Things to See and Do in the Dordogne Valley

Things to See and Do in the Dordogne Valley

From sports and outdoor activities to culture and history, you need never run out of ideas in the Dordogne Valley

Related article: Exploring the Treasures of the Dordogne Valley


Ballooning: Soar serenely over the châteaux with Montgolfières du Périgord.

Canoeing: Very popular, with numerous hire locations along the river.

Cycling: Pick up cycle trail maps at any office de tourisme for on- or off-road routes.

Fishing: The River Dordogne is an angler’s paradise. Obtain a fishing permit via

Gabarre boat trips: A gentle way to see the riverside châteaux and villages.

Helicopter rides: Heli-Club du Périgord flights take off from Saint-Crépin-et-Carlucet. Facebook: Heliclub Perigord

Hiking: There are some fabulous walks to be had, especially along the Vézère valley.

Rock-climbing: The limestone cliffs of the Dordogne attract climbers from across Europe.

Canoeing is perhaps the most popular outdoor activity in the region. Photo: Mathieu Anglada


Lascaux Cave: You can’t visit the original Lascaux cave but you can see the stunning new Lascaux 4 International Centre for Cave Art with its hi-tech recreation of the entirety of the cave and its world-famous parietal art.

Gouffre de Padirac: Voyage along a mysterious underground river before exploring an enormous subterranean world of ‘alien’ rock formations, gigantic stalactites, crystalline lakes and cathedral-style vaults.

Centre Préhistorique Pech Merle: A real prehistoric cave with paintings over 20,000 years old.

Musée National de Préhistoire: Located in the heart of the great prehistoric sites along the Vézère, this museum, with its striking new contemporary building, is a trove of artefacts from and presentations of mankind’s earliest ancestors.

Font-de-Gaume: See the most beautiful and best-preserved original cave art. Limited availability. Check the website first.

Take the family to the International Centre for Cave Art at Lascaux. Photo: Semitour/ CRTNA/ Lascaux IV Centre International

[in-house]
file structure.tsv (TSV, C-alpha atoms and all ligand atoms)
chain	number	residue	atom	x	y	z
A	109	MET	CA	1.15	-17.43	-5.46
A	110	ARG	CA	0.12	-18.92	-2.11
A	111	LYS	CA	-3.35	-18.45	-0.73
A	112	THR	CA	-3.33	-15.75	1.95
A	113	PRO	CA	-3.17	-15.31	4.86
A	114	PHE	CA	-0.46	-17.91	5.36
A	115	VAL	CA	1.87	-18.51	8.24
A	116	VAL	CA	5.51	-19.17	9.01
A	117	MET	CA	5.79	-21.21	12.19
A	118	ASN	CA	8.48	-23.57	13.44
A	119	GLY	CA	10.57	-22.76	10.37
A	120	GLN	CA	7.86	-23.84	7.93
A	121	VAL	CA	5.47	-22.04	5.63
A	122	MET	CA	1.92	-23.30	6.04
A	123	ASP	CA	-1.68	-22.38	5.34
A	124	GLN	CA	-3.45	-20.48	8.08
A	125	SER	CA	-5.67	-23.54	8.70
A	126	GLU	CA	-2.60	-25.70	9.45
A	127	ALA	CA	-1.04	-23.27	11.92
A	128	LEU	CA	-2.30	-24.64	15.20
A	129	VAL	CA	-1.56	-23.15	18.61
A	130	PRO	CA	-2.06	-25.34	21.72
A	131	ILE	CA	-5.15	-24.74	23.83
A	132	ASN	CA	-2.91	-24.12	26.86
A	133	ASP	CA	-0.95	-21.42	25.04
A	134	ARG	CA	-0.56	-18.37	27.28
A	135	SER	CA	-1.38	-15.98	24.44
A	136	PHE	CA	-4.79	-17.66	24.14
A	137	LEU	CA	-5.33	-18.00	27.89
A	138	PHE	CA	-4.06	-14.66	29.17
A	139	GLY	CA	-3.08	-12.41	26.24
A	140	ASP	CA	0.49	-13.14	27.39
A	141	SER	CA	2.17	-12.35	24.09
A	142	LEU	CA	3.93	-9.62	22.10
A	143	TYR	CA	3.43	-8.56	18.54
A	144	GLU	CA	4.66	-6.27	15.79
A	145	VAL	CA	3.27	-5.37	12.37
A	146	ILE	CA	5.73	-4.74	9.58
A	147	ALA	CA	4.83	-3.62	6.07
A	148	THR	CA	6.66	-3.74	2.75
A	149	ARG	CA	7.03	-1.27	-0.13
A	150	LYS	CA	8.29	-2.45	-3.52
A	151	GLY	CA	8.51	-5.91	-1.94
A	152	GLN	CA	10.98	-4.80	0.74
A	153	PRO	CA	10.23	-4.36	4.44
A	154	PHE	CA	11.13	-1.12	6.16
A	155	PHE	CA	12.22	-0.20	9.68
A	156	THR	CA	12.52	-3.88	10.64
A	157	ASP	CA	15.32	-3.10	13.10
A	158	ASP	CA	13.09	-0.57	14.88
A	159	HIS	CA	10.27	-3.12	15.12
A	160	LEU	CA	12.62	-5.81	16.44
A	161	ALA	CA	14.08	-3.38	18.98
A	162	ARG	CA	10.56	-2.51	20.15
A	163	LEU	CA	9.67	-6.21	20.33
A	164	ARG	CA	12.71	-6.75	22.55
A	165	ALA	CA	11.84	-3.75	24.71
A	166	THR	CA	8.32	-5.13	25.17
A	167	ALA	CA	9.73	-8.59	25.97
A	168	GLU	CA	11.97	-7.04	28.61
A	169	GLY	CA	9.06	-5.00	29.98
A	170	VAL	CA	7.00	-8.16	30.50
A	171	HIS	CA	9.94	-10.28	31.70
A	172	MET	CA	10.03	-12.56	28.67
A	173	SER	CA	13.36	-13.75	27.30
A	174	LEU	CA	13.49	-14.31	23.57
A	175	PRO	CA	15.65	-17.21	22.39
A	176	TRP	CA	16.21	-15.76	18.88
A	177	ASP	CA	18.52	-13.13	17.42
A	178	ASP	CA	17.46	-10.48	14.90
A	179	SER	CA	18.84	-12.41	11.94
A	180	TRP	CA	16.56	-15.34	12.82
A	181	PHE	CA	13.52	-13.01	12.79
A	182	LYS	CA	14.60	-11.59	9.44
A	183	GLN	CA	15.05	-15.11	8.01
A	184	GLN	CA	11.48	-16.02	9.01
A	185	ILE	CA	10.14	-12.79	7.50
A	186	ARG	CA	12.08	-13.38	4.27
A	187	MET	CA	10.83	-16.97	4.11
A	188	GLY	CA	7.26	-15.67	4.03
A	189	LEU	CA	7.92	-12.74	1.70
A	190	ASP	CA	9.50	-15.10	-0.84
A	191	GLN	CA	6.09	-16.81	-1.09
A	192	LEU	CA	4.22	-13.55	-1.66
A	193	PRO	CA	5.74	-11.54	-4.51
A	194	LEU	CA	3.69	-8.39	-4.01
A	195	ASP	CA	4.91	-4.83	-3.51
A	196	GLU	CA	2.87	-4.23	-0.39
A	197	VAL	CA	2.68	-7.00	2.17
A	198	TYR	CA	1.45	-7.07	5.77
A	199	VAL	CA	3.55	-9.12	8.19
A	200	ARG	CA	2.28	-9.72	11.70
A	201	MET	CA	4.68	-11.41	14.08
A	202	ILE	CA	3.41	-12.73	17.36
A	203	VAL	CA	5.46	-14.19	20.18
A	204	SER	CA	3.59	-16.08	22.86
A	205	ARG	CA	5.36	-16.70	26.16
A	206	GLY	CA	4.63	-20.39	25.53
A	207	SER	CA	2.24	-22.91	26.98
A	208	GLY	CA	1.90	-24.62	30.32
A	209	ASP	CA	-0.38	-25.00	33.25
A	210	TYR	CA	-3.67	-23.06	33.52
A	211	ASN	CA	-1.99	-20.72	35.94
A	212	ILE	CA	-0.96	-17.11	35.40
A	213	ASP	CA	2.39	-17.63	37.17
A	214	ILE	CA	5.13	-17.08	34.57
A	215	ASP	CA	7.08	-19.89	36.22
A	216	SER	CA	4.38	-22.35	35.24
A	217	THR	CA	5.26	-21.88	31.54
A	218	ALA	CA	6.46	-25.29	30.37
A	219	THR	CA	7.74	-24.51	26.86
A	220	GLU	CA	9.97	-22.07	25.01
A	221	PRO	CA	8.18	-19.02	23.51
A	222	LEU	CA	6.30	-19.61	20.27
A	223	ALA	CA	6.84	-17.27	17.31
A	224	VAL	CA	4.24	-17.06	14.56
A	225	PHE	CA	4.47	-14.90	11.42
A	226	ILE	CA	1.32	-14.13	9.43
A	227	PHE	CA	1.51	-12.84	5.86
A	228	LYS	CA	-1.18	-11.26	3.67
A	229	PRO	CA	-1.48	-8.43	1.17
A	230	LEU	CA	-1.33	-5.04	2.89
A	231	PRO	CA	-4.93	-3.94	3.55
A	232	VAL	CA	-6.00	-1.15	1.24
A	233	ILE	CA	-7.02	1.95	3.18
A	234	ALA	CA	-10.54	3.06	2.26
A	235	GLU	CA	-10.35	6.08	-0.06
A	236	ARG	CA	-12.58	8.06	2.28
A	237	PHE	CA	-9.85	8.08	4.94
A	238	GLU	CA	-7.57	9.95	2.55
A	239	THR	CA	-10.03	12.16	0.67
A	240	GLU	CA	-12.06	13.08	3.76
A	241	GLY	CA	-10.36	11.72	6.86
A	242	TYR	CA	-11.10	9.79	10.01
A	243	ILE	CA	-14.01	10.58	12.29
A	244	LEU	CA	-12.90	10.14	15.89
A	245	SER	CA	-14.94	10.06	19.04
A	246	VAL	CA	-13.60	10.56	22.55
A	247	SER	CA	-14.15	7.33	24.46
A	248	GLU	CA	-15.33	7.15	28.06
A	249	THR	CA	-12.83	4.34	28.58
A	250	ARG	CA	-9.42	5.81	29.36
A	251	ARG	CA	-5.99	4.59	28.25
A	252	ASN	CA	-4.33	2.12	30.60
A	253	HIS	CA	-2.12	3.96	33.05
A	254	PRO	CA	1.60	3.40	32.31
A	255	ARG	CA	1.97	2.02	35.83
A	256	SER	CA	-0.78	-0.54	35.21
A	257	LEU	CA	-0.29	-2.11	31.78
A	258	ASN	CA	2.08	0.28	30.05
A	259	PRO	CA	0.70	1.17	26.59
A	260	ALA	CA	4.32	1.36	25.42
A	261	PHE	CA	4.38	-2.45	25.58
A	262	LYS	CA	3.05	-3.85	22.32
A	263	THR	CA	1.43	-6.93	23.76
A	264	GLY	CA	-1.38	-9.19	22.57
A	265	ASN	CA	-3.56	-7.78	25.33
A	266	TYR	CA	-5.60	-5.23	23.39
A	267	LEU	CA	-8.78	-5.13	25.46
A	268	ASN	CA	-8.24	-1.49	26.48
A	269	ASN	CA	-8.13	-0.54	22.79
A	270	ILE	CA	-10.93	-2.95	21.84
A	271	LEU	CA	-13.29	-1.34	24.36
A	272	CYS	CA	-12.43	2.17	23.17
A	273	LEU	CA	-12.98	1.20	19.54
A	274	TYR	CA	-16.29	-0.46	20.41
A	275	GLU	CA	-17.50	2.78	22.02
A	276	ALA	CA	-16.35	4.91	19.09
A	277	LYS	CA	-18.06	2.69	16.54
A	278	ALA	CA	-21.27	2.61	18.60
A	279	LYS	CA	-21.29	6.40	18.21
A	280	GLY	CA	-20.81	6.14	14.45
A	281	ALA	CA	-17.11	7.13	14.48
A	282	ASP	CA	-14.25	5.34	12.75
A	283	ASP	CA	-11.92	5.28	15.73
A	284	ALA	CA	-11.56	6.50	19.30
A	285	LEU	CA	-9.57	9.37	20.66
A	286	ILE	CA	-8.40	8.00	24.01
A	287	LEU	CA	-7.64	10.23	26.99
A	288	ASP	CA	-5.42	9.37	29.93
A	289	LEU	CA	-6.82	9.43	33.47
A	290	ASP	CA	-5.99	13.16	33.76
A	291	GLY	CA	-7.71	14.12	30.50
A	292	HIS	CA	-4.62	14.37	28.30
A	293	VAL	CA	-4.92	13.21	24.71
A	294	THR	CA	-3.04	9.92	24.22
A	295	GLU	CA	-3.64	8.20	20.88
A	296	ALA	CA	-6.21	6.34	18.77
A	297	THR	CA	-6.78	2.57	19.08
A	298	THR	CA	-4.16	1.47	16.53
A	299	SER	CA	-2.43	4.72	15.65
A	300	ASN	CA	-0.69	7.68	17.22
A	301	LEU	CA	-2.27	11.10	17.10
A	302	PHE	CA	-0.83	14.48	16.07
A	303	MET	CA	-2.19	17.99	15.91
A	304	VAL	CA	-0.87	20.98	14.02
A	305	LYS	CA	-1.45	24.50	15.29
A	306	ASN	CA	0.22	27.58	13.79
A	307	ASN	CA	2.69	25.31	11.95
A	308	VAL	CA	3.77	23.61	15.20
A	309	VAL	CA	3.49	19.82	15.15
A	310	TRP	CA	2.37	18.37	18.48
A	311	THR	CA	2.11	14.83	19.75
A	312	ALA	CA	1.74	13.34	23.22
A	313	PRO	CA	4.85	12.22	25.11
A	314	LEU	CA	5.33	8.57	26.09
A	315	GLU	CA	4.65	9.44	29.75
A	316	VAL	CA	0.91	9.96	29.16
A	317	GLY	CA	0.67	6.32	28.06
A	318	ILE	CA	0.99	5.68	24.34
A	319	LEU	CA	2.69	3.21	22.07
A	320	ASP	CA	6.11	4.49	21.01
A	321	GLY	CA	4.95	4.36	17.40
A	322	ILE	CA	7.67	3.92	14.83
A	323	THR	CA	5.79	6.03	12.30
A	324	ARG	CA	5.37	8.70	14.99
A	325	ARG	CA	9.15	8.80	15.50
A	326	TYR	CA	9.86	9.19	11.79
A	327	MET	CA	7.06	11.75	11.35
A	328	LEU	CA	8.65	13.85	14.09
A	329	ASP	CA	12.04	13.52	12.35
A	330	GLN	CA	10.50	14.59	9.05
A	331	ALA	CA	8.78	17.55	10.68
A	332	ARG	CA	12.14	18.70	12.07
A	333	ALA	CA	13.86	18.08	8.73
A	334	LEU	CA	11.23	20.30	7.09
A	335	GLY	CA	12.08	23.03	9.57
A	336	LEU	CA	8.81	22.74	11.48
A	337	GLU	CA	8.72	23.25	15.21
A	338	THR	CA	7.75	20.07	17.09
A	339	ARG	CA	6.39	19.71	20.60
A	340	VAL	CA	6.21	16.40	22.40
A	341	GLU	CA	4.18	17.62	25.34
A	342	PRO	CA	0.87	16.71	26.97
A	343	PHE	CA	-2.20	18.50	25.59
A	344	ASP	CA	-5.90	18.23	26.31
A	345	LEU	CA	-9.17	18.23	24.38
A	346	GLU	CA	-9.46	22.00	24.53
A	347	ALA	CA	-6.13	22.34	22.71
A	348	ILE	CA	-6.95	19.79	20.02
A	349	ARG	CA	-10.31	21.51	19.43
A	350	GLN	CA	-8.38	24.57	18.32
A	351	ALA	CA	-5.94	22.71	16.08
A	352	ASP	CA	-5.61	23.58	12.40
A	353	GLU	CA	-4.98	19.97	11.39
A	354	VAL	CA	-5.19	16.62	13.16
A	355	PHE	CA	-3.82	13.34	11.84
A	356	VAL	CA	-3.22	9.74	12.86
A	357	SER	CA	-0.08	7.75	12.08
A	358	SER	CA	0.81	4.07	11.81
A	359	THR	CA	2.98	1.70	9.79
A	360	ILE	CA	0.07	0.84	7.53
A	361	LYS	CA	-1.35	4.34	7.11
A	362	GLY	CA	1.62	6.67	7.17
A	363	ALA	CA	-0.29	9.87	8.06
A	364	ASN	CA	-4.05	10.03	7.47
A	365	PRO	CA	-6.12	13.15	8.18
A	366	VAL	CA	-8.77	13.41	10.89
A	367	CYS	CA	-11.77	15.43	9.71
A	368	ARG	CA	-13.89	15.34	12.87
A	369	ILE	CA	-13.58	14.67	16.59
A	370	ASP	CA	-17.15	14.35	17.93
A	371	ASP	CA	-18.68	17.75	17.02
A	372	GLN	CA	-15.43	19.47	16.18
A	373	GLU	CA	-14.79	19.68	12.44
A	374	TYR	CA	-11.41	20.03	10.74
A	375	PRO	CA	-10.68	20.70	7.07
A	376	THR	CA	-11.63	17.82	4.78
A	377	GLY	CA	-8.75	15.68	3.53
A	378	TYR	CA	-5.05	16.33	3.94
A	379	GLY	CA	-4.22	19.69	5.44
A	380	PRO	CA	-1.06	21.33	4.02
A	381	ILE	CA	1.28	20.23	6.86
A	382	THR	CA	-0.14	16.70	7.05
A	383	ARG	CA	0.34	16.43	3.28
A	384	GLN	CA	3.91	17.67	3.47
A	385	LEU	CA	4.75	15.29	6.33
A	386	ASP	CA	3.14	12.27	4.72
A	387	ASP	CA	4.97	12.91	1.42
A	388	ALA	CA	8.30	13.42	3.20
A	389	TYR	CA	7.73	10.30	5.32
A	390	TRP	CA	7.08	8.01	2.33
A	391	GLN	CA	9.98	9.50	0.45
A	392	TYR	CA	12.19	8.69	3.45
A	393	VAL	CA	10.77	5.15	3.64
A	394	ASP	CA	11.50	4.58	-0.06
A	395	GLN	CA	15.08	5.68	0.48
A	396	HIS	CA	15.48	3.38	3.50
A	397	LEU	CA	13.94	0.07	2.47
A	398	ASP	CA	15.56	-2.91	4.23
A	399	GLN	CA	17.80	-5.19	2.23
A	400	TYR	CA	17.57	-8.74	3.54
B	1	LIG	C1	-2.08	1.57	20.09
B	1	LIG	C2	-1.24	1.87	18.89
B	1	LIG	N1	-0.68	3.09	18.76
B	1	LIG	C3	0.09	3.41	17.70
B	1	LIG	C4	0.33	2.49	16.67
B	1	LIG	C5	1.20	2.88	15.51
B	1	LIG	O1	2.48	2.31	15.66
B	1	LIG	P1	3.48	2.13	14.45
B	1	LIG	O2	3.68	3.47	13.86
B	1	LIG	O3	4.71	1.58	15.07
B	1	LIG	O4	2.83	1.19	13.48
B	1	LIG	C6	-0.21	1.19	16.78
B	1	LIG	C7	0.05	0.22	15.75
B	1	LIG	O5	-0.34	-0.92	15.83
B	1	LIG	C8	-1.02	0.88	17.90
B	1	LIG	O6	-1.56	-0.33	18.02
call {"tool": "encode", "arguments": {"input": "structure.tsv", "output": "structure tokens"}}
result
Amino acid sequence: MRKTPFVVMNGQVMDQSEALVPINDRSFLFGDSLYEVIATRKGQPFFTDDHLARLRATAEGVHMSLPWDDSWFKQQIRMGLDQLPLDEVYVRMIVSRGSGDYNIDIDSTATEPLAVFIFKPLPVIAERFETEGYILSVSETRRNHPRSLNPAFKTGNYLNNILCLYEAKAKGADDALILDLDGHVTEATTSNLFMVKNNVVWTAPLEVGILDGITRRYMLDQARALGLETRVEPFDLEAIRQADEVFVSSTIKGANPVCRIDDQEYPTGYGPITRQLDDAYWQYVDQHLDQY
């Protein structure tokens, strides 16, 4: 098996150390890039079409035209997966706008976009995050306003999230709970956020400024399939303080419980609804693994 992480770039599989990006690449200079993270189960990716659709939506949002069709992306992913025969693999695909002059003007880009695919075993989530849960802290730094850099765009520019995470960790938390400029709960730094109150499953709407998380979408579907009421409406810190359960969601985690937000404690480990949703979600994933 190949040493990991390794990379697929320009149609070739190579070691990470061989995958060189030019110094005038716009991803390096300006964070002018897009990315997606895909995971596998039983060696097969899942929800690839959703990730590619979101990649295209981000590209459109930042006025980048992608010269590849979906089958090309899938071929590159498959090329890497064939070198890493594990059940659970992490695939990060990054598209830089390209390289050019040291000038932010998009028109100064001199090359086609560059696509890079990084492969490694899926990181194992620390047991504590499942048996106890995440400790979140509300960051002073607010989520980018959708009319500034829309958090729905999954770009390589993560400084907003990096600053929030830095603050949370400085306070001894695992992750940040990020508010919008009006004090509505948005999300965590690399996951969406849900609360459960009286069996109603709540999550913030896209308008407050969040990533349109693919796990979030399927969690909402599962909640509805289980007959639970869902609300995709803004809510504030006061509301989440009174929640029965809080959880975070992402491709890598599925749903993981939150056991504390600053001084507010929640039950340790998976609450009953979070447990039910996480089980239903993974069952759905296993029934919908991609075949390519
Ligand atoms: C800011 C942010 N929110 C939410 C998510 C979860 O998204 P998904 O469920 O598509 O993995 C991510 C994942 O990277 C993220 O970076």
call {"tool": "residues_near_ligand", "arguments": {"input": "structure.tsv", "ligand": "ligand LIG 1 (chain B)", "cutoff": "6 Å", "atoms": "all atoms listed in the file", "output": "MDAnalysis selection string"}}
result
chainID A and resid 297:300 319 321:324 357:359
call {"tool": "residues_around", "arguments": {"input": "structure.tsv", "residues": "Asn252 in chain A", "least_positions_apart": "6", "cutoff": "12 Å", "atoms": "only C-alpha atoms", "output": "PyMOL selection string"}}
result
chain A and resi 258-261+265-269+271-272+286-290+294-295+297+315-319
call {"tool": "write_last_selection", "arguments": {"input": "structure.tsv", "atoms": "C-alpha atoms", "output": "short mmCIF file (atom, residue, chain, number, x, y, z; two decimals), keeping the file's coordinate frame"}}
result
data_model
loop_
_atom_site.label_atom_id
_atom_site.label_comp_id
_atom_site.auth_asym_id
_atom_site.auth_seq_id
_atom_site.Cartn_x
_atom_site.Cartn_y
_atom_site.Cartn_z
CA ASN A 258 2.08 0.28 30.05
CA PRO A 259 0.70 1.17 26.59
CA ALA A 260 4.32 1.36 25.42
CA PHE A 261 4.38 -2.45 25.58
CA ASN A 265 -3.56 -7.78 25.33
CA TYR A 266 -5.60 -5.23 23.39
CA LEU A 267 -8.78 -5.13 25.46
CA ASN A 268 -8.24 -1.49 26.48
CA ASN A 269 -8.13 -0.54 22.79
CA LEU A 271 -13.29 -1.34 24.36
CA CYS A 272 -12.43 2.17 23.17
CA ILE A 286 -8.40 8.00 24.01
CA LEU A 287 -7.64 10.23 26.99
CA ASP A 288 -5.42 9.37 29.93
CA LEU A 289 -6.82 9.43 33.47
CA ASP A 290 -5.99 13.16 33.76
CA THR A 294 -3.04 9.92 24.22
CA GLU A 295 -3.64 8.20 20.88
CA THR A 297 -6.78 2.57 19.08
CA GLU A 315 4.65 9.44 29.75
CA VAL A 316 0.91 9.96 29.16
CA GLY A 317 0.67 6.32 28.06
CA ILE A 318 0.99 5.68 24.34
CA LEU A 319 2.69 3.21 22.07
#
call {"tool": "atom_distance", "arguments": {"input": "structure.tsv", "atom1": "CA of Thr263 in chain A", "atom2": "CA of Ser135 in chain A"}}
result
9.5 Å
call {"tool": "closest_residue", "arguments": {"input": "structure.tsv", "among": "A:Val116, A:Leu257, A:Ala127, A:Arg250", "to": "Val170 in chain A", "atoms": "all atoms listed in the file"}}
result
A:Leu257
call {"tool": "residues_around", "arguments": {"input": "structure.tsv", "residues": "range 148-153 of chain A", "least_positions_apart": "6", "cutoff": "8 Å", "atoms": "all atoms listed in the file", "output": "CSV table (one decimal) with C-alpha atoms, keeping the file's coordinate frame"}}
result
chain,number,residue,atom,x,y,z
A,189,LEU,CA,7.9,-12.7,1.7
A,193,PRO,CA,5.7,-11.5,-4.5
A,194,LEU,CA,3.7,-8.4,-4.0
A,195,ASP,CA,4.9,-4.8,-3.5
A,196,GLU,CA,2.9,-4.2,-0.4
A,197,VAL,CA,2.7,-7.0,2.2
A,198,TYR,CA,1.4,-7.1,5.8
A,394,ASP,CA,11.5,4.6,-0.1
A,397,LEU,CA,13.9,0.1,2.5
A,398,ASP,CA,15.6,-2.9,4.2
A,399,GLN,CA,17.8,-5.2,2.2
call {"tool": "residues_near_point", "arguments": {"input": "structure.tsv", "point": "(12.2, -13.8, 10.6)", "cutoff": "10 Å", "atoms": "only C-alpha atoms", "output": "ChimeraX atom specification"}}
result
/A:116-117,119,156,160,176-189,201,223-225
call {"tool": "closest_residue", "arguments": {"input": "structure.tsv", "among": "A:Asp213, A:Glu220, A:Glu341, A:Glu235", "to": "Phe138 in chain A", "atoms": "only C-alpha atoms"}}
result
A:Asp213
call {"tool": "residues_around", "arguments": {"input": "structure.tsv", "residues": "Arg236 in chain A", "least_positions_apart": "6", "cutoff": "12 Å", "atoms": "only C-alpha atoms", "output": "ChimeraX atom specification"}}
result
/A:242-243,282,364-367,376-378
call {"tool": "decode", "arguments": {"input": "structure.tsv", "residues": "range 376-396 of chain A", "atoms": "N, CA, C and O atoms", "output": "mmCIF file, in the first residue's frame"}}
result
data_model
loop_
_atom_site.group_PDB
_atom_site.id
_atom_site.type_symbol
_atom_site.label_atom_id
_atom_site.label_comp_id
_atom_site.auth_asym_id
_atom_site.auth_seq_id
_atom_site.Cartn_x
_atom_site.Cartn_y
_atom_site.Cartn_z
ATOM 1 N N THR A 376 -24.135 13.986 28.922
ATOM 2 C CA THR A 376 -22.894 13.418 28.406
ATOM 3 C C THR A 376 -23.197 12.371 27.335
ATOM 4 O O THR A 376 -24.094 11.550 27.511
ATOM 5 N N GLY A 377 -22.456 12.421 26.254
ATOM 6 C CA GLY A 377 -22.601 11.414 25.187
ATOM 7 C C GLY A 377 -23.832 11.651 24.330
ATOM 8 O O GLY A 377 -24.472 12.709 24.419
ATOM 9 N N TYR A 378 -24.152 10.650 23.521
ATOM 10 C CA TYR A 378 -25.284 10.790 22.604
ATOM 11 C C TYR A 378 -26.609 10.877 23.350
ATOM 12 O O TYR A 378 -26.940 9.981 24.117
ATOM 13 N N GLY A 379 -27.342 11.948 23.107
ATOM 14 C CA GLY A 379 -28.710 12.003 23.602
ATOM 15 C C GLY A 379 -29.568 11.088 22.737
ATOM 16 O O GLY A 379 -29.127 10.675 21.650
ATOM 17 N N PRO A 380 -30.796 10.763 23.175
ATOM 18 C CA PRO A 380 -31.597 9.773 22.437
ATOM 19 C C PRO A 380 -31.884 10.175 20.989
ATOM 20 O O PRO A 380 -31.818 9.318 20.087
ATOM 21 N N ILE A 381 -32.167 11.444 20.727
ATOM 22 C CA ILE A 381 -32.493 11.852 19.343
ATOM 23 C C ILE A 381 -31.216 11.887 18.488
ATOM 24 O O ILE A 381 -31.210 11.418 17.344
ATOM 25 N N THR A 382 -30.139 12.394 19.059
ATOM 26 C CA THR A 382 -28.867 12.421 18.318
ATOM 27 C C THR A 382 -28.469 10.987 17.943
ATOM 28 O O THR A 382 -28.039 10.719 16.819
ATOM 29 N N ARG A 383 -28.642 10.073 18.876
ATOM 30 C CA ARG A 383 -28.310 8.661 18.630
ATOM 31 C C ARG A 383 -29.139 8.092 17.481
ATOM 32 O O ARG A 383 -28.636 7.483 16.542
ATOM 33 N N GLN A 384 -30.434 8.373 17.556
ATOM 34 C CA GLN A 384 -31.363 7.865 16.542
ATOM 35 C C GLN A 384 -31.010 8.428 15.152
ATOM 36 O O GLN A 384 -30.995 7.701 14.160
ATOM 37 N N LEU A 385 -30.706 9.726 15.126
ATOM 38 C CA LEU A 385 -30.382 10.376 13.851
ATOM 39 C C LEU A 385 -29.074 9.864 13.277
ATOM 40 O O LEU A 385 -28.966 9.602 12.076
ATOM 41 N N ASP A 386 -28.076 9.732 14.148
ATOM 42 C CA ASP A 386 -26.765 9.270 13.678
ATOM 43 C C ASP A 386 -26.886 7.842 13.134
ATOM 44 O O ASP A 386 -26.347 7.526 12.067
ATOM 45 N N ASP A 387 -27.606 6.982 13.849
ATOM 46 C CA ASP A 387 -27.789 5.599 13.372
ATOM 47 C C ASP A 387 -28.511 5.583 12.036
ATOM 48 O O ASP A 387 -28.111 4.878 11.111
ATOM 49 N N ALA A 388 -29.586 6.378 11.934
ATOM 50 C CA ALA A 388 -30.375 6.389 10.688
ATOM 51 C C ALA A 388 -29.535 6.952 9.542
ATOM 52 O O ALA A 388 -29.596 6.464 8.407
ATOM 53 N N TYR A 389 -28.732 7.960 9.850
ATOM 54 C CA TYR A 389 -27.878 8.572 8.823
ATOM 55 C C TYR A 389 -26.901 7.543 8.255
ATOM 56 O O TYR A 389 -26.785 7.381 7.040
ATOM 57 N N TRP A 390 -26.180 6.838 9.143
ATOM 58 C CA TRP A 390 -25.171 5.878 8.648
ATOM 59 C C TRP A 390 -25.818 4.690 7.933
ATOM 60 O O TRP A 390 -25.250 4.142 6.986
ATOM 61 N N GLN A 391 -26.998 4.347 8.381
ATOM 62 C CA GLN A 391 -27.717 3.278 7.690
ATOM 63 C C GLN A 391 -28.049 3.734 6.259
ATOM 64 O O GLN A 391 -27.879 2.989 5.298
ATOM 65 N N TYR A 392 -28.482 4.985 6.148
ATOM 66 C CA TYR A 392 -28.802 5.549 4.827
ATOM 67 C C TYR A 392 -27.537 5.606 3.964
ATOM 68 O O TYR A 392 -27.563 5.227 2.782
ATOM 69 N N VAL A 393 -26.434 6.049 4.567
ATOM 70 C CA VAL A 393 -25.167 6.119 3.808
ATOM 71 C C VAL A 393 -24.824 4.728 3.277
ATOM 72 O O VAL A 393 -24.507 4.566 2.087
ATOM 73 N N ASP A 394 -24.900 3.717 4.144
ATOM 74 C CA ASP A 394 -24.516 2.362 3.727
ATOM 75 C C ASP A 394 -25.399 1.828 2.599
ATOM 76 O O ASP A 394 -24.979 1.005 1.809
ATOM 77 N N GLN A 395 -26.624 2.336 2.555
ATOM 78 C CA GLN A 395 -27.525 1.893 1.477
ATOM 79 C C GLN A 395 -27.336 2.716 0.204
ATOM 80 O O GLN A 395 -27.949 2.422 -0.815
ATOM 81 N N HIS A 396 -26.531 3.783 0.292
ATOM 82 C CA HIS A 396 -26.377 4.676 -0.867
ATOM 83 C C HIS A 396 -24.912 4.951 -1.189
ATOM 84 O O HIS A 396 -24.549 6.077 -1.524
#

Les Jardins d’Eau: In three hectares of lush gardens and semi-tropical ponds near Sarlat, it specialises in water lilies and lotuses.

Jardins de Marqueyssac: This magical and romantic garden overlooking the Dordogne River features breathtaking topiary and shady walkways. Visit on Thursday evenings in July or August, when the gardens are candlelit.

Les Jardins d’Eyrignac: Head to these picturesque gardens surrounding a 17th-century mansion to the north of Sarlat. Don’t miss the ‘Picnics in white’ on summer evenings.

The Jardins d’Eau are the Dordogne’s answer to Monet’s garden. Photo: CRT Périgord


Périgueux: Pick up souvenirs in the quaint streets and markets of the vieille ville, admire the distinctive cathedral, and visit the Museum of Art and Archeology and the Vesunna Gallo-Roman Museum for a glimpse into history.

Bergerac: Cyrano’s town sits right on the Dordogne River and a boat trip on a gabarre is always popular. Meander through the beautifully preserved town centre and stop for lunch to enjoy Périgourdine cuisine.

Sarlat-la-Canéda: No trip to the Dordogne is complete without a visit to the incomparably charming golden-stoned city of Sarlat. Take a guided tour to discover the secret coins of the medieval quarter and eat out in the evening to savour the special atmosphere.

Brive-la-Gaillarde: Brive is a great base for exploring the upper Dordogne Valley. It’s also home to a top rugby team, a gorgeous market and the wonderful Distillerie Denoix, creating lip-smacking liqueurs since 1839.


From Curemonte and Collonges-la-Rouge to La Roque-Gageac and Beynac, there is no shortage of picturesque perched villages and bastide towns to explore.

For additional information visit and, for the most beautiful villages in the Dordogne Valley,

From France Today magazine

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The Byzantine-Romanesque splendour of Saint-Front cathedral at Périgueux. Photo: Alban Gilbert/ CRTA

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Guy Hibbert is Editor-in-Chief of France Today and an author of short stories and novels set in France.

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